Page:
Two wine blogs that offer more than just tasting notes
05/25/2013 12:00 PM
05/24/2013 3:48 PM
With all due respect to all blogs, including this one. I must admit that I hardly read them.
I haven’t the time to follow them and I can’t imagine who does. That’s not to say that I don’t skim a few each week, but skimming ain’t reading anymore than a glance at a room full of paintings is a visit to an art museum.
I look for something new, something insightful, anything interesting and significant, but the fact that I only skim is an admission that I rarely see a need to even dip my toe into those shallow waters.
Moreover, I’ve never been much of a blogger. I have a website with occasional entries. This page requests my weekly participation and so far I’ve come through.
Am I suggesting that I might not in the future? No, but I never saw the need to write when I didn’tneed
to write, if you see my meaning.
It’s why I’ve eschewed wine reviews in general. I think tasting and writing wine notes is what a writer should do before setting fingers to keyboard, not during.
Wine notes are interminably dull, and that’s a confession from a bona fide wine geek, so I can only imagine how tortuous reading them is to a normal person.
While, most blogs are little more than tasting notes, a few offer more. Tom Wark’sFermentation blog
is willing to take on trade controversies; others try to provide the context to understand trends in the marketplace.
But I’ll tip my blogger’s hat to one blog: Ron Washam’sHoseMaster of Wine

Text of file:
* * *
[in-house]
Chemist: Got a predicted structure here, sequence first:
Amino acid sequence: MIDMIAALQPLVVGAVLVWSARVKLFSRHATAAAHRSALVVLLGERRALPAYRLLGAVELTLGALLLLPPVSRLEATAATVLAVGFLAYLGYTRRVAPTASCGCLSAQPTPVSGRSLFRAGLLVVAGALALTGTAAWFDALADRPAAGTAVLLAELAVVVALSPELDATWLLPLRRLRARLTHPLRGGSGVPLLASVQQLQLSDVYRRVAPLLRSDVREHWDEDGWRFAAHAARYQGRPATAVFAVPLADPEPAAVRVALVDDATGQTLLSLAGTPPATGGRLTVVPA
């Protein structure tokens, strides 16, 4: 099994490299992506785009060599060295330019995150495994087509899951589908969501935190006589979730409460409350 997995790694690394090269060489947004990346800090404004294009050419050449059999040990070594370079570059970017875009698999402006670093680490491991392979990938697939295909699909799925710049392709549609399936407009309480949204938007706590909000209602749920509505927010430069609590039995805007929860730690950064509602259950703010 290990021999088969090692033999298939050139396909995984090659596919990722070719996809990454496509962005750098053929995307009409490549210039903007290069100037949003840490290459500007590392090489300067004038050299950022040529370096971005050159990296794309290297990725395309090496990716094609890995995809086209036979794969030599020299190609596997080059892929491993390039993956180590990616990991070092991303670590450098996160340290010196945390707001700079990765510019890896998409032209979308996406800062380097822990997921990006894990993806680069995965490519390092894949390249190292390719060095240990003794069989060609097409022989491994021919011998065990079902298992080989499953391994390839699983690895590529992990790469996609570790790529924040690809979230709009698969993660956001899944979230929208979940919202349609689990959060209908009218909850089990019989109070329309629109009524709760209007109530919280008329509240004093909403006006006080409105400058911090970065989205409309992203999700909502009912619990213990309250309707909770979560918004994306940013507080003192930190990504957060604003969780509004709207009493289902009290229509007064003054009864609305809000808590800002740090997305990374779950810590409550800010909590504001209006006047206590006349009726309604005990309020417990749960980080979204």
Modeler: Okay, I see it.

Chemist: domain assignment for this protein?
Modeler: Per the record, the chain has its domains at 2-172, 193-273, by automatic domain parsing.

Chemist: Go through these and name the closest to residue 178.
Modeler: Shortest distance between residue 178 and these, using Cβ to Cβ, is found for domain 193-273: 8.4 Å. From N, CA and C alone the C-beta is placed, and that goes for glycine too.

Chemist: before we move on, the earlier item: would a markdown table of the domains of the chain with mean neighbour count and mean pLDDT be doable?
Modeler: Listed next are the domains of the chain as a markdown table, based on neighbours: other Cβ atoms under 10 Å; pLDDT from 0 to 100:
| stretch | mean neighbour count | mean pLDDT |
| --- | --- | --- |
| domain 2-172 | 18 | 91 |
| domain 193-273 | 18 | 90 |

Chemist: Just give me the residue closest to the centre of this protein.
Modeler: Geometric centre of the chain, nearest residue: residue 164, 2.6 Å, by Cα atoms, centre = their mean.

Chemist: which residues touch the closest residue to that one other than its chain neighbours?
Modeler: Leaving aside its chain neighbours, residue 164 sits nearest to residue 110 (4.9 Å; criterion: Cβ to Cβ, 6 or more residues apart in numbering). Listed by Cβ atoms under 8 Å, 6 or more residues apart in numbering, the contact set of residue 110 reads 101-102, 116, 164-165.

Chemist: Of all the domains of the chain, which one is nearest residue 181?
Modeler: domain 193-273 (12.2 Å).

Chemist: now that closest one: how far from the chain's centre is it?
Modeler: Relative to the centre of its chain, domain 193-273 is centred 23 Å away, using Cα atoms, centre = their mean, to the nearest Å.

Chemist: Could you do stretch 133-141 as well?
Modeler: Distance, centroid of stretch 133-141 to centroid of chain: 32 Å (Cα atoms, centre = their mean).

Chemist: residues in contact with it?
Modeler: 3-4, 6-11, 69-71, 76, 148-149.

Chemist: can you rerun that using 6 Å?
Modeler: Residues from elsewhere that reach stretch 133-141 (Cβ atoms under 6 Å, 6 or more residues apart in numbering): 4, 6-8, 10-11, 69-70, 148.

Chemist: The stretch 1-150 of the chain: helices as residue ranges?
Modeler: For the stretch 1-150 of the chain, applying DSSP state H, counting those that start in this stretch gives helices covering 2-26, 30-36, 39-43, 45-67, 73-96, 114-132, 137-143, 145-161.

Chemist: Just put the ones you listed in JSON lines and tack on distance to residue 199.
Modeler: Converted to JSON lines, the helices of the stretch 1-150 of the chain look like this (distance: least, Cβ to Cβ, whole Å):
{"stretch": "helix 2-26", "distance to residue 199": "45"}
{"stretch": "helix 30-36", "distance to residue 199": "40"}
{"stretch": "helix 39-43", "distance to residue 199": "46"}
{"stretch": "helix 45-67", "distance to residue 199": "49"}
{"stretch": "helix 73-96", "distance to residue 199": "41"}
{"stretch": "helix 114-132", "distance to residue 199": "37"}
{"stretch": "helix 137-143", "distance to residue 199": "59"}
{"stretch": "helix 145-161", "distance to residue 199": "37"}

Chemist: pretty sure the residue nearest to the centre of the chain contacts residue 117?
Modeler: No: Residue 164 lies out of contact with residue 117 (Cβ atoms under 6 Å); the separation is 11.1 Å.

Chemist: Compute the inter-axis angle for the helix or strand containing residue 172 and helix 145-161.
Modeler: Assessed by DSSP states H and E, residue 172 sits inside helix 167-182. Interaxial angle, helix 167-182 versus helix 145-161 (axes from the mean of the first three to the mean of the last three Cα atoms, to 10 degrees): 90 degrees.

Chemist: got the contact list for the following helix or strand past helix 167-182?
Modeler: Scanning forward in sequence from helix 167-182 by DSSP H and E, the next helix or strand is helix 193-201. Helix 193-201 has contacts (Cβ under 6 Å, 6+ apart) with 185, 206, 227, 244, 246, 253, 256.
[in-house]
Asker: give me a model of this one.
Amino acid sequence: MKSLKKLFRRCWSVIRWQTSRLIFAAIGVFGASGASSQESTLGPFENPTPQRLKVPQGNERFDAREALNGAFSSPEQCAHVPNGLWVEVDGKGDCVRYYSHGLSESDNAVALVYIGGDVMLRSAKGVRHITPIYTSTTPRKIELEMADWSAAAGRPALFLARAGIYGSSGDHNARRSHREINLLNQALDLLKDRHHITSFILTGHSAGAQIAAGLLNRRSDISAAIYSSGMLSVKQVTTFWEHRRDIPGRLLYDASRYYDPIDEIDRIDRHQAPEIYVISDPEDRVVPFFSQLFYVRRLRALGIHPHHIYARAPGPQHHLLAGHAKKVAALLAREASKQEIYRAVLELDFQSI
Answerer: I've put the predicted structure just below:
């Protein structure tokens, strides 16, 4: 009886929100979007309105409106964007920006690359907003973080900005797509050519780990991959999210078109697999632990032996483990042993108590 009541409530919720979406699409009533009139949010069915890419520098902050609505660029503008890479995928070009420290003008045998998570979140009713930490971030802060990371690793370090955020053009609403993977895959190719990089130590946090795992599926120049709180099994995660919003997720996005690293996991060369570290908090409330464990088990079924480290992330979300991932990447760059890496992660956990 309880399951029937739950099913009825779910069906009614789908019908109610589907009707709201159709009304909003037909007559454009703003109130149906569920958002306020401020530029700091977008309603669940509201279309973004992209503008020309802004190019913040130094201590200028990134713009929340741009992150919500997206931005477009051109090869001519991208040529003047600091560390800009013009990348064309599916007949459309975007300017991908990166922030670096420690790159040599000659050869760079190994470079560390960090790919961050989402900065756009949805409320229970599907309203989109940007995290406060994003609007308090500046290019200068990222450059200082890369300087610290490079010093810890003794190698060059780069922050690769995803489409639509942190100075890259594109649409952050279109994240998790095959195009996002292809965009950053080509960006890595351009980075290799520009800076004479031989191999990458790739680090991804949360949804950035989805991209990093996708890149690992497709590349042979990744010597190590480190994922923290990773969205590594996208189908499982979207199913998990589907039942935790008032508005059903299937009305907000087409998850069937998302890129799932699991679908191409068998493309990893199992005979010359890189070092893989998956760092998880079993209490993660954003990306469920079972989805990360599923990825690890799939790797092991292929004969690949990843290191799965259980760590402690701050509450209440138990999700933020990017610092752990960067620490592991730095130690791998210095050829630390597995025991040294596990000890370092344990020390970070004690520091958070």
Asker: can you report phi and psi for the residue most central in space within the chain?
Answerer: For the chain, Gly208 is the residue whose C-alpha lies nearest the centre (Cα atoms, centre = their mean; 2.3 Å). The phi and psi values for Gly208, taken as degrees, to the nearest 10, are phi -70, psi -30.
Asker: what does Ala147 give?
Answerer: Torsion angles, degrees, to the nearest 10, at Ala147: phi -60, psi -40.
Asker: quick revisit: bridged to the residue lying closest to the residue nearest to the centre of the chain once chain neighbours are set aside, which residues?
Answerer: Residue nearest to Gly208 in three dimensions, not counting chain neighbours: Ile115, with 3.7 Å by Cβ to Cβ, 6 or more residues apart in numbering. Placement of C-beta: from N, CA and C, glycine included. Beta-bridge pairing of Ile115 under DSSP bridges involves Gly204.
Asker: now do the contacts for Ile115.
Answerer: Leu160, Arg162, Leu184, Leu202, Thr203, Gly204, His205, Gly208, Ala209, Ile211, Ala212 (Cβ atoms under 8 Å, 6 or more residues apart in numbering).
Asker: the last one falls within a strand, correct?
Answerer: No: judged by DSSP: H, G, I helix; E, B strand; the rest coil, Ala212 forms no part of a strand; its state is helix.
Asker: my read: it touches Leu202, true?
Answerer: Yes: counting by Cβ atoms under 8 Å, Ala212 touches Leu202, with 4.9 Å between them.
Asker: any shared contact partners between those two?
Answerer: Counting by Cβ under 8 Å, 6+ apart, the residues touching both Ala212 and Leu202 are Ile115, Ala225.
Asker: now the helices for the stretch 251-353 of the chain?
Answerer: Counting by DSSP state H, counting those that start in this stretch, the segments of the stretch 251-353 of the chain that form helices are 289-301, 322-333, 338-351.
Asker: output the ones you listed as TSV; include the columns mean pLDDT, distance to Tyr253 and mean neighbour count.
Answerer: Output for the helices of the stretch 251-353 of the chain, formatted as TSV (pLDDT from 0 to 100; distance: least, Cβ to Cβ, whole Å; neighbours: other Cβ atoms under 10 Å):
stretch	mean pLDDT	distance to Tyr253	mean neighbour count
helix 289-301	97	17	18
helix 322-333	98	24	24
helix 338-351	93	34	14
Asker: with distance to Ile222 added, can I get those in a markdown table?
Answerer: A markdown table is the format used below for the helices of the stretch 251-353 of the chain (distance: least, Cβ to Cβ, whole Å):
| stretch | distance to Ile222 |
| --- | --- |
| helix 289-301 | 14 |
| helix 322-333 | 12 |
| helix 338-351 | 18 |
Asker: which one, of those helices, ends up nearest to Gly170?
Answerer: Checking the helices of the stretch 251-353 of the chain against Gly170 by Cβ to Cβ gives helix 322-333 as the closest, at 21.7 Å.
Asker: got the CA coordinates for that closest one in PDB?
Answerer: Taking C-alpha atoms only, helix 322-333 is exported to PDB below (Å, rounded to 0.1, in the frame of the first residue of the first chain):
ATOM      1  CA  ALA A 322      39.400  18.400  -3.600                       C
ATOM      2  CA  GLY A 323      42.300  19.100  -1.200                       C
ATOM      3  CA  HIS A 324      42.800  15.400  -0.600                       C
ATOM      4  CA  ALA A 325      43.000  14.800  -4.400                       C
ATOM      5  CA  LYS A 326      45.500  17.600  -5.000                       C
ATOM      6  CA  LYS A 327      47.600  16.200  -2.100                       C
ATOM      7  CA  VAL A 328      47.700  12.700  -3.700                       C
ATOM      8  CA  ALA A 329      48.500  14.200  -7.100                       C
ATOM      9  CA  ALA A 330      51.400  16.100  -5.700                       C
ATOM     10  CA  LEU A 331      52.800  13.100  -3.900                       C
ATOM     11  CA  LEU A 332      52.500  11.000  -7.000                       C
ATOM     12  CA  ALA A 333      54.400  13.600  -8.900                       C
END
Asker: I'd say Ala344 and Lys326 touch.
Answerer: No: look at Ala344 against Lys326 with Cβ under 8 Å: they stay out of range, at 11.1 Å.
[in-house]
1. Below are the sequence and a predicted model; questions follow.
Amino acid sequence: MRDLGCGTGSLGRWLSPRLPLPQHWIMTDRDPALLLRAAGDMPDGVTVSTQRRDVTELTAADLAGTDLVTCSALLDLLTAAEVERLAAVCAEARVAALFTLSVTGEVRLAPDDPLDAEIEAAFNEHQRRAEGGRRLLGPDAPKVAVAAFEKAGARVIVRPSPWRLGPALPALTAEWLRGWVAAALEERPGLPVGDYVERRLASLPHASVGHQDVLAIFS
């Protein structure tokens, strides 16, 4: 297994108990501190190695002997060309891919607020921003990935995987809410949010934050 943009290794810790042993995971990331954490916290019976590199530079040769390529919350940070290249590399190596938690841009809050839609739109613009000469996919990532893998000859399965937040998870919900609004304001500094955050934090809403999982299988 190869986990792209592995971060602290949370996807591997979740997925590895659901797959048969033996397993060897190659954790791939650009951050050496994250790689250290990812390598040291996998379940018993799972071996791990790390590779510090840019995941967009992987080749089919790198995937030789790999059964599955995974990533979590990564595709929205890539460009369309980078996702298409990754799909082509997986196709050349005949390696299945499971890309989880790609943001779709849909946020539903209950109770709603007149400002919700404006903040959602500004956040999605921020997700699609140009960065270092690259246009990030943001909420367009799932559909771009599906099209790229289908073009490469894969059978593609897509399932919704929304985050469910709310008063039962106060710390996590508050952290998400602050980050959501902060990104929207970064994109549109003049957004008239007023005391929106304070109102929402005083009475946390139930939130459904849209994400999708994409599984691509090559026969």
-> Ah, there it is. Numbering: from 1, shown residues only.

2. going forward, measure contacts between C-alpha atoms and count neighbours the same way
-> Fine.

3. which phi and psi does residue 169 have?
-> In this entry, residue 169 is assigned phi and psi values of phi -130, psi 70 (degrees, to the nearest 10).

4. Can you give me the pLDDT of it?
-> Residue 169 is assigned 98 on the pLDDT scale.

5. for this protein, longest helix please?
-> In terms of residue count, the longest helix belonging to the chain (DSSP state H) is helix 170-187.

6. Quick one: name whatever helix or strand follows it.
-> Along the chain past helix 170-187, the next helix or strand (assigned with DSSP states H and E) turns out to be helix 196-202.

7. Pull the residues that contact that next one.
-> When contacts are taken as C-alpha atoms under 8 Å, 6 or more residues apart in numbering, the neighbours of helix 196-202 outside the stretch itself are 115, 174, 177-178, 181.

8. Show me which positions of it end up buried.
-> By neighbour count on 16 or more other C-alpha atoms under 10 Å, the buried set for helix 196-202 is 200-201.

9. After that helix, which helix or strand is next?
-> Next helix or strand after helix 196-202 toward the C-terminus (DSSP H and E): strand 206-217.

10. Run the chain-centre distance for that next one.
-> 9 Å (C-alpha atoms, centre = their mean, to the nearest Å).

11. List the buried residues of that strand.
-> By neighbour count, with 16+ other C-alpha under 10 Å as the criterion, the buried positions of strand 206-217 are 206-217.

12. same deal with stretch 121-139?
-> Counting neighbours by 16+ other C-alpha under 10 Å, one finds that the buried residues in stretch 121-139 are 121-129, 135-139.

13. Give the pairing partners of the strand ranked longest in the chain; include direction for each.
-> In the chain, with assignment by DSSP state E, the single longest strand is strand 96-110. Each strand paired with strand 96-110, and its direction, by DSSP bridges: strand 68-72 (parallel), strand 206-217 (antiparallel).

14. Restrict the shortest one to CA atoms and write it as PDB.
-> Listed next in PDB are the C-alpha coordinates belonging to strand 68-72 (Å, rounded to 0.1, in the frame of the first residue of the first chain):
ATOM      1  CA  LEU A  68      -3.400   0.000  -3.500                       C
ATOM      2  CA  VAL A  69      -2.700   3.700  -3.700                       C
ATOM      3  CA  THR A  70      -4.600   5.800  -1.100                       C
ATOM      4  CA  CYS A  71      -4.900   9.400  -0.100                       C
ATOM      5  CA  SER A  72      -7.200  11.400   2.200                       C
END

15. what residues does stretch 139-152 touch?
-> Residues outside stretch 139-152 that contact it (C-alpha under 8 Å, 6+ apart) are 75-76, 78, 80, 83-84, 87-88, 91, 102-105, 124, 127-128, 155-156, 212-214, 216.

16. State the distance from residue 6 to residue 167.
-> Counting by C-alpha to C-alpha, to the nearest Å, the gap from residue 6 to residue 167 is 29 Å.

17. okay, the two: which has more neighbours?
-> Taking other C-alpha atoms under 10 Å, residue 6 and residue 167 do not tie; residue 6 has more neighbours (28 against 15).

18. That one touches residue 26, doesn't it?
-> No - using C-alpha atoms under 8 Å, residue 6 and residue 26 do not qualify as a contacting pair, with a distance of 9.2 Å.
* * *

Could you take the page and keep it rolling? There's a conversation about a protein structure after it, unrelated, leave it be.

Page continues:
. His sentiments are front and center. “Wine Blogs Are the Attention-Barking of Lonely Poodles” reads the banner on the current offering.
Today’s blog entry ridicules and skewers the wine blogosphere, with a sideways glance at Randall Grahm’s new revealing wine labels.
Skewering is pretty much the only method Washam knows and if not wine, what then? Whether it is the snooty attitude of the wine press and its backstage pass mentality, or even merely my ilk (Masters of Wine, Master Sommeliers and such), we speak in exclusionary language, to give us a generous translation.
As someone who has felt the prick of his wit at least once, I think it’s justified. But one warning, his language is free and salty, gentle sentiment is nowhere to be found and his judgment is heavy handed and self righteous.
So maybe Washam’s a wine guy just like the rest of us.
Doug Frost is a Kansas City-based wine and spirits writer and consultant who for decades has happily educated the public about all things drink. He is one of only three people in the world to have earned the coveted titles of Master Sommelier and Master of Wine. He contributes a monthly wine column for The Star’s Food section.
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